Iranian Christians denied furloughs even though retrials underway

Iranian Christians denied furloughs even though retrials underway

Clockwise from top left: Nasser Navard Gol-Tapeh, Zaman Fadaie, Mohammad Reza Omidi, and Yousef Nadarkhani.

Four Iranian Christians serving ten-year sentences in Tehran’s Evin Prison are being denied temporary release even though their requests for retrials have been accepted.

Yousef Nadarkhani, 42, Mohammad Reza (Yohan) Omidi, 46, and Zaman (Saheb) Fadaie, 36, have made several requests for release on bail since their retrials were accepted in October, and their families are increasingly anxious about them in the wake of the coronavirus outbreak.

The same is true for the family of Nasser Navard Gol Tapeh, who is 58 years old and has suffered several health issues. Nasser was finally granted a retrial last month, having initially been denied in October.

Saheb has also suffered health issues, and was recently denied treatment in prison despite suffering from a fever and hallucinating.

Prisons became a hotbed for the spread of the coronavirus in China, and the UN Special Rapporteur on Human Rights in Iran has called for the release of all prisoners of conscience to reduce the potential spread of the virus.

Iran’s judiciary have reported the release of as many as 83,000 prisoners serving short-term sentences. At least seven Christians were among them: 

Most recently, on Sunday, Fatemeh (Aylar) Bakhtari, 36, was given a temporary furlough, though details of the terms of her release are yet to emerge.

It is also believed that Majidreza Souzanchi, 36, who is coming to the end of his two-year sentence, has been or is soon to be released.

Previously, on 26 February, Iranian-Assyrian Christian Ramiel Bet-Tamraz, 35, was released from prison three weeks ahead of schedule, as was a Christian convert who cannot be identified.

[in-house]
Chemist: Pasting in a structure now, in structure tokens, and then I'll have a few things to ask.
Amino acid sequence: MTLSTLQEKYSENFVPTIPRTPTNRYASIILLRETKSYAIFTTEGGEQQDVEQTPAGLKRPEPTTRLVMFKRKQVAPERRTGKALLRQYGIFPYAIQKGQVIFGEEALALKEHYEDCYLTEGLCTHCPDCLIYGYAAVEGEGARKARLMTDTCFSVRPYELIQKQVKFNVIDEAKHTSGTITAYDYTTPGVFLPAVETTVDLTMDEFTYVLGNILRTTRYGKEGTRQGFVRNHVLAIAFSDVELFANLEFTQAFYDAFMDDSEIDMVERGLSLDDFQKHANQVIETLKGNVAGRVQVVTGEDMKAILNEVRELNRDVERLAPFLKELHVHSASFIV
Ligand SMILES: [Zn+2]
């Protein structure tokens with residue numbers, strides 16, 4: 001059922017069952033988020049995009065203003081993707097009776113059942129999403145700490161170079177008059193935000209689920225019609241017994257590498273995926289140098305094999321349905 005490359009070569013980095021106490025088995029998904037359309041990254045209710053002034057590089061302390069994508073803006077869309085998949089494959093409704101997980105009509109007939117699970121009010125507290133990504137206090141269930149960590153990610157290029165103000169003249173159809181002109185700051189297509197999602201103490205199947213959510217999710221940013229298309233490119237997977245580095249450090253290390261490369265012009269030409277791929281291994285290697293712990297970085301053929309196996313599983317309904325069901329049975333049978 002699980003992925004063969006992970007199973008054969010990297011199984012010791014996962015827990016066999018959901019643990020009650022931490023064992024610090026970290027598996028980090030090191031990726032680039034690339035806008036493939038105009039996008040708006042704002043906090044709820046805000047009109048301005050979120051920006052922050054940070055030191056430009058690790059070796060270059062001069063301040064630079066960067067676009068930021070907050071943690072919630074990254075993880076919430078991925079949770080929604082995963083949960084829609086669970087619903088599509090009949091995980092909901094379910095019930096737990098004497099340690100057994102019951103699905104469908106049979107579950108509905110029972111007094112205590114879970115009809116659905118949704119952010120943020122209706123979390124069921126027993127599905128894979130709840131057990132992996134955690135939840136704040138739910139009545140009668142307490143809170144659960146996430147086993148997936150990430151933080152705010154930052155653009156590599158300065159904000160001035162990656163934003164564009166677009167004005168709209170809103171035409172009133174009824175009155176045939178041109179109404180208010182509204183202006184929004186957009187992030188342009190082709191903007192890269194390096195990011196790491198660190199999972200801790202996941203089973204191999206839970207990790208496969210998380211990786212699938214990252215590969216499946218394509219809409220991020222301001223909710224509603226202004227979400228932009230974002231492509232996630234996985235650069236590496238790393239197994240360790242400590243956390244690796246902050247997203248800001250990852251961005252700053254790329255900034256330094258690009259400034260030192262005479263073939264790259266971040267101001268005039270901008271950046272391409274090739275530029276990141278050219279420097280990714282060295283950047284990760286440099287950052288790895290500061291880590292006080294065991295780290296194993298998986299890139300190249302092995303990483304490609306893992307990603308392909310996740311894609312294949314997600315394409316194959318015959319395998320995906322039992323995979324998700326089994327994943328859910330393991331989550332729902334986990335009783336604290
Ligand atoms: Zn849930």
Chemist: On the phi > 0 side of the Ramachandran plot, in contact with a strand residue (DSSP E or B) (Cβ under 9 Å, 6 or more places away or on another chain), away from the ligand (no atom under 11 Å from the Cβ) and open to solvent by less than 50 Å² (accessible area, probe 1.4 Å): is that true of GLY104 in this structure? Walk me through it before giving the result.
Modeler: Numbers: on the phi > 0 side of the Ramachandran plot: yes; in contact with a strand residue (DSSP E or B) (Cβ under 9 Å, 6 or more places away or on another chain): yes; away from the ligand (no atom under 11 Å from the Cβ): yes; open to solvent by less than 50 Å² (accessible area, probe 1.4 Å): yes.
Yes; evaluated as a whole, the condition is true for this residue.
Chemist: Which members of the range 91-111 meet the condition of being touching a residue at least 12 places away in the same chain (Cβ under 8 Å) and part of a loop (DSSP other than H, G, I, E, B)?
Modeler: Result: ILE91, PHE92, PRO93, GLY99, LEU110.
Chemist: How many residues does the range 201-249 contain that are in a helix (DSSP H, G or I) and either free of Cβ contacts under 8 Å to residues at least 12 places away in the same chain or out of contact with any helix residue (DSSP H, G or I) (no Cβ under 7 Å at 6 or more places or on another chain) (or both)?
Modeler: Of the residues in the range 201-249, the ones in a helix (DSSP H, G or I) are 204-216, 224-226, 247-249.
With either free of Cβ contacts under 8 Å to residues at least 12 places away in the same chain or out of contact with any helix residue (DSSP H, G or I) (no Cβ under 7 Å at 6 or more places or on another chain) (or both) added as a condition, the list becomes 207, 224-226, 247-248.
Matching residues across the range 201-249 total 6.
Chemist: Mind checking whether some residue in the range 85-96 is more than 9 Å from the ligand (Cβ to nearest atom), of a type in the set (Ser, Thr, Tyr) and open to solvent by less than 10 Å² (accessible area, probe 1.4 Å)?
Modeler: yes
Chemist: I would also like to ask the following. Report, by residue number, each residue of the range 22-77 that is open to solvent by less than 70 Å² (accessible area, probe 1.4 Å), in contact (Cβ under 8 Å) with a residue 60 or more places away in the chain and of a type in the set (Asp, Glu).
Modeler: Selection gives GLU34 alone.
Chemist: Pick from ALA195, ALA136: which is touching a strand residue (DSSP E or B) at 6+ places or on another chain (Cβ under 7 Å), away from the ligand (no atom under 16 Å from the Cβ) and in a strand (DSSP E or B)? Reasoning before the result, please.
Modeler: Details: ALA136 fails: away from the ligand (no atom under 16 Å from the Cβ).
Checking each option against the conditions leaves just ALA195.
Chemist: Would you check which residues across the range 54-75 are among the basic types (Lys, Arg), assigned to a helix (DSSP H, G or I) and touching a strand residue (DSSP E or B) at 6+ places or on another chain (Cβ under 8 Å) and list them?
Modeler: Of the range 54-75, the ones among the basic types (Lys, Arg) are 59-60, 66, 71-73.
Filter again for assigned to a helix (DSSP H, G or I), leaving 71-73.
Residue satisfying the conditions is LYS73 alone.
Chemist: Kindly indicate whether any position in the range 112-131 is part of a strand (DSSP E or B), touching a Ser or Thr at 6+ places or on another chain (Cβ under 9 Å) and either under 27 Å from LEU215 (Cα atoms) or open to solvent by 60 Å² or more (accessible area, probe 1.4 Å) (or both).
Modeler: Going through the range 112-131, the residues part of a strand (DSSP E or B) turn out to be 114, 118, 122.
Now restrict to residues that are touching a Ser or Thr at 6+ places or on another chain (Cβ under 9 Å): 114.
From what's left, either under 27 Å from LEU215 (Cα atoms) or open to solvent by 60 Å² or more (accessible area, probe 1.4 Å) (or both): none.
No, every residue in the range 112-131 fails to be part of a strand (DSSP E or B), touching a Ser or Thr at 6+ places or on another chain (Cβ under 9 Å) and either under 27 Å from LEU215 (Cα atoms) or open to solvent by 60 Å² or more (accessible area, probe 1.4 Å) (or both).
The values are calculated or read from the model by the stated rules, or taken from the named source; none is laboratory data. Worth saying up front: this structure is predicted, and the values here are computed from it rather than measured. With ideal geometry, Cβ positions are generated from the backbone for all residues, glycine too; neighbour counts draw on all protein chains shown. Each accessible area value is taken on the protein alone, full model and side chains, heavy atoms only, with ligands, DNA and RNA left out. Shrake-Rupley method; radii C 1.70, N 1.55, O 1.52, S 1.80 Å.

On the same day, Christian convert Fatemeh (Mary) Mohammadi, 21, was released on bail of 30 million tomans ($2,250), pending a court hearing five days later, which was later postponed to 14 April.

Mary tweeted that the decision to continue scheduling court cases and imprisoning people during the coronavirus crisis should be considered a “crime against humanity”.

Three more Christian converts were given 36 days’ leave from prison on 2 March: Rokhsareh (Mahrokh) Ghanbari, 62, Amin Khaki, 36, and another Christian convert who cannot be identified.

Who are the remaining Christian prisoners?

Alongside Yousef, Saheb, Yohan and Nasser, there are at least a further six Christians in prison: Mohammad Ali Mossayezbazeh, who was sentenced alongside Yousef, Saheb and Yohan, and Abdolreza (Matthias) Ali-Haghnejad, Shahrooz Eslamdoust, Babak Hosseinzadeh, Mehdi Khatibi, and Behnam Akhlaghi, who recently lost their appeals against five-year sentences.

All of them, apart from Nasser, are from the northern city of Rasht and are part of the non-Trinitarian “Church of Iran”. 

Nasser, who was initially sentenced alongside three men from Azerbaijan, is from Tehran. 

Four more “Church of Iran” members from Rasht – Khalil Dehghanpour, Hossein Kadivar, Kamal Naamanian and Mohammad Vafadar – are currently out on bail, awaiting summonses to serve their own five-year sentences, having lost their appeals alongside Abdolreza, Shahrooz, Babak, Mehdi and Behnam.

Several other Christians are currently enmeshed in ongoing court cases, including Victor Bet-Tamraz, his wife Shamiram and three Christian converts – Amin Afshar-Naderi, Hadi Asgari and Kavian Fallah-Mohammadi – whose appeal hearings have been repeatedly postponed. Their next hearing has been scheduled for 1 June.

For an up-to-date list of all known court proceedings involving Iranian Christians, see our Prisoners List.

Quoting the contents of this article in part is permitted. However, no part of it may be used for any fundraising appeal, or for any publication where donations are requested.